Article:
Tuesday, September 4, 2012

One by One, the Lights Go Out

Side aisle with dark lamp
Side aisle: The third lamp
from the viewer is dark
Chancel and
sanctuary lanterns
In my post “Back at St. Paul’s,” I noted that a number of spotlights were burned out. Because those lamps are either on a roof truss or on the ceiling of the church, they are difficult to replace.

This past Sunday, I noticed that, not only the three spots on a truss near the crossing and two spots on the ceiling are dark, but so are four (or perhaps five) other lamps that are more easily replaced.

In each of the side aisles, one of the track lights is out. (See photo at left. Click on photos for a larger image.)

More personally irritating is the fact that the down light in the lantern over the chancel just behind the organ console is out. (See photo at right.) The failed lamp is over the chair where I sit in the choir. This area is dark in the best of circumstances, in part because one of the spots in the chancel that should be pointed in my direction actually points somewhere else. To make matters worse, it appears that one of the bulbs in the lantern over my head is also burned out.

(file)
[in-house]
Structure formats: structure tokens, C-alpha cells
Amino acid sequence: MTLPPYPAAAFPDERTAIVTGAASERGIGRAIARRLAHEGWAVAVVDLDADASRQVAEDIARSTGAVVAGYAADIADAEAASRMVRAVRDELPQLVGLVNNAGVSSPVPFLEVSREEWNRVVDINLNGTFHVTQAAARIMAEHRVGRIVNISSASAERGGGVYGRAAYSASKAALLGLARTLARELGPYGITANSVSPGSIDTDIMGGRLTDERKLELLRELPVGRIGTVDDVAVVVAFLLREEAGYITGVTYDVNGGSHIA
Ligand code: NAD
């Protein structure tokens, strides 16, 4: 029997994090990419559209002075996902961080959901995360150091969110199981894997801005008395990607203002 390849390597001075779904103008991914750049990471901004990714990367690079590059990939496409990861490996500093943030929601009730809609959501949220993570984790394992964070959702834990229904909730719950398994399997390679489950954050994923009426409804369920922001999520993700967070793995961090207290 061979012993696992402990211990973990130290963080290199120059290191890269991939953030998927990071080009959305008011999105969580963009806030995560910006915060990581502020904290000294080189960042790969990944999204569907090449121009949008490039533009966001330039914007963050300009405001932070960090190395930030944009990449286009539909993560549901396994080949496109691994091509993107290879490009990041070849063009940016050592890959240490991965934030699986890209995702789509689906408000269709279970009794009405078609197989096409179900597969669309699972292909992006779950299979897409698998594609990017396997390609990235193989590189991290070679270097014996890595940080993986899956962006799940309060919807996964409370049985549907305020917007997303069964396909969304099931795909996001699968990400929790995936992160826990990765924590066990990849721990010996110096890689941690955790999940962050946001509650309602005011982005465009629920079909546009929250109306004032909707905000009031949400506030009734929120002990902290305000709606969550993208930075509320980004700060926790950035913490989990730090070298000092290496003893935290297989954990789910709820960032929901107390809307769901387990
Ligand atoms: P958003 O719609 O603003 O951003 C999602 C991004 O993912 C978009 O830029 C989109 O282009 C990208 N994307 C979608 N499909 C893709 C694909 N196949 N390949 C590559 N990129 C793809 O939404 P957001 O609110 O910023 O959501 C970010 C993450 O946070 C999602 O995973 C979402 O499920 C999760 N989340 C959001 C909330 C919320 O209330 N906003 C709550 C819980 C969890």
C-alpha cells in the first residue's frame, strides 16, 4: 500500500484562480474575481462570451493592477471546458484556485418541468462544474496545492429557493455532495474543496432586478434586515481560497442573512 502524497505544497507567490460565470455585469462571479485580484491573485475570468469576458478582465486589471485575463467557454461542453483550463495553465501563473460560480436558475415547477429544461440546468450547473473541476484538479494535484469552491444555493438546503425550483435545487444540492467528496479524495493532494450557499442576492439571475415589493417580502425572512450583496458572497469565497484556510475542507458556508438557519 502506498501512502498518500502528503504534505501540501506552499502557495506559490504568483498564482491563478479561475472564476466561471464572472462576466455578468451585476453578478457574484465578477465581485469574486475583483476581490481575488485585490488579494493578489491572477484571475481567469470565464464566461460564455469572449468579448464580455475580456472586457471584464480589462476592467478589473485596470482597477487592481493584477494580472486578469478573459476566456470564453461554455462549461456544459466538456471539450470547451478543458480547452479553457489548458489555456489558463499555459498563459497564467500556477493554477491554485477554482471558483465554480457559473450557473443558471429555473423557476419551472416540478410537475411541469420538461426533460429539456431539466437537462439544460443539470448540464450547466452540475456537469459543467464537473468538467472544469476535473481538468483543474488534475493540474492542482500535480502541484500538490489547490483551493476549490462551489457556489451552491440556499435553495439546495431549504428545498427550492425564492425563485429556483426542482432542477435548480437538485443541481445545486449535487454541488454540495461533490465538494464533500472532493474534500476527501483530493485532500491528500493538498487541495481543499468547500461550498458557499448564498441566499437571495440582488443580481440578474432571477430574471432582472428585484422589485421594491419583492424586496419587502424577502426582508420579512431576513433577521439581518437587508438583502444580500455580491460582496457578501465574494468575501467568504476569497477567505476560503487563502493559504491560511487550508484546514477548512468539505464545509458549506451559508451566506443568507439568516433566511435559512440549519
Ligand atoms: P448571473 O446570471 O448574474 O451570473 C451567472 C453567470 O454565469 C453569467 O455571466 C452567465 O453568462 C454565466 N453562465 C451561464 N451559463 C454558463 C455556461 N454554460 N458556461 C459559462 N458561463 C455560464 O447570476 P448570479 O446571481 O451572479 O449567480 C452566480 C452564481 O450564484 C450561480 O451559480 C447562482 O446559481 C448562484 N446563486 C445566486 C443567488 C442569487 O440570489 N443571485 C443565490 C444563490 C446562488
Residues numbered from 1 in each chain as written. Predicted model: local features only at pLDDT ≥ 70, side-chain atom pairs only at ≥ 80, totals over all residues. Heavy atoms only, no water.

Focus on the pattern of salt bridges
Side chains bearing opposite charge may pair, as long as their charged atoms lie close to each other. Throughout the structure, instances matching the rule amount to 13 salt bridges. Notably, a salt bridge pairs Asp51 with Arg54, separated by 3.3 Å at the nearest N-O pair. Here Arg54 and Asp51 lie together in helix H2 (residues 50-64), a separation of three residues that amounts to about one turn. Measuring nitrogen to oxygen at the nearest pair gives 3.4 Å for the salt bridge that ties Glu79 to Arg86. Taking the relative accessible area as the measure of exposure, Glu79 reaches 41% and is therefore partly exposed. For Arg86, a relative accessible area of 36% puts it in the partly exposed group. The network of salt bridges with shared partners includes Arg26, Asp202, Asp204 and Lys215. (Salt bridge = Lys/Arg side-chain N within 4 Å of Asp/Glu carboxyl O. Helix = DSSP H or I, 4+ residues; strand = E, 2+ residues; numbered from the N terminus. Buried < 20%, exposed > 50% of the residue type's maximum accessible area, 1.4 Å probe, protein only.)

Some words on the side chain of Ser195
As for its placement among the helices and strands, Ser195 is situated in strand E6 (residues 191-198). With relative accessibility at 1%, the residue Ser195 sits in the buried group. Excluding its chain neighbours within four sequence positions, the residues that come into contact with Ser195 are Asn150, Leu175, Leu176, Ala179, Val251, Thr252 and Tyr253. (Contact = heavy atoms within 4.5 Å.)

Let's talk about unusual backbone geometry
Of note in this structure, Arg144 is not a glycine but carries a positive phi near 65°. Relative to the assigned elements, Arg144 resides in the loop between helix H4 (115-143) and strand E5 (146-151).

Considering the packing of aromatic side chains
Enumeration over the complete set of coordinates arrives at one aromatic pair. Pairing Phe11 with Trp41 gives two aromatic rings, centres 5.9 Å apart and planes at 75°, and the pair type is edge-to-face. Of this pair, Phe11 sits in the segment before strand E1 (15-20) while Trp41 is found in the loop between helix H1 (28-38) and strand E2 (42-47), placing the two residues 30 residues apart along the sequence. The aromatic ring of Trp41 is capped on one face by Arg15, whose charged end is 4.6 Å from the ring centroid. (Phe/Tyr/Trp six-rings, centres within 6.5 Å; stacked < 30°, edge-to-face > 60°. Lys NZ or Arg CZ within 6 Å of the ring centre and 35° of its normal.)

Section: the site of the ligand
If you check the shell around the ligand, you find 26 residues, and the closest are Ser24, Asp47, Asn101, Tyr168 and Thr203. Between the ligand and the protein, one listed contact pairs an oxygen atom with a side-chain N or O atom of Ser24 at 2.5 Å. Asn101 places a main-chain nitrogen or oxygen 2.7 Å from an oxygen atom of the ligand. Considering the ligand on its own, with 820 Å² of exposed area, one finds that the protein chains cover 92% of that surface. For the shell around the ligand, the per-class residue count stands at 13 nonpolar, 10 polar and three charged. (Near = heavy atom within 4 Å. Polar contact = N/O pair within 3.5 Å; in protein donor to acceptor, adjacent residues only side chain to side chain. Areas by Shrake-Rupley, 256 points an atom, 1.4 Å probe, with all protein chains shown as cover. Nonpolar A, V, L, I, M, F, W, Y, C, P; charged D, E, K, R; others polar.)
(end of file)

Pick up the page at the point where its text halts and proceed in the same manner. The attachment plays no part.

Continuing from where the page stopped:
In general, the chancel is darker than it should be because the floodlights behind the arch at the back of the chancel are unusable. They should have been moved higher up on the arch when the exposed organ pipes were installed in the sanctuary, but they were not. They cannot be used because they heat up the pipes and throw the organ out-of-tune. But I digress from purely maintenance issues.

There are two lanterns over the freestanding altar. The down light in the lantern closest to the pulpit is burned out, and it looks as though the lantern itself is not quite properly assembled. This can be seen in the photo below. which also shows four of the five spots above the crossing that are not illuminated.

Chancel lantern with dark down light. Four of the five dark spotlights
on the ceiling and roof truss can also be seen.
Given the extreme height of the spotlights that are burned out and the consequent trouble and expense attendant replacing them, it is understandable that the spots are not replaced as soon as they burn out. With five lamps out, however, it is time to do whatever it takes to replace the bulbs. In fact, all the lamps on the trusses or ceiling should be replaced at one time.

On the other hand, the lamps in the aisles and lanterns can be replaced using a ladder. Someone should be responsible for checking every week that all lamps are working. Lamps that can be replaced with relative ease should be. Why is no one paying attention?

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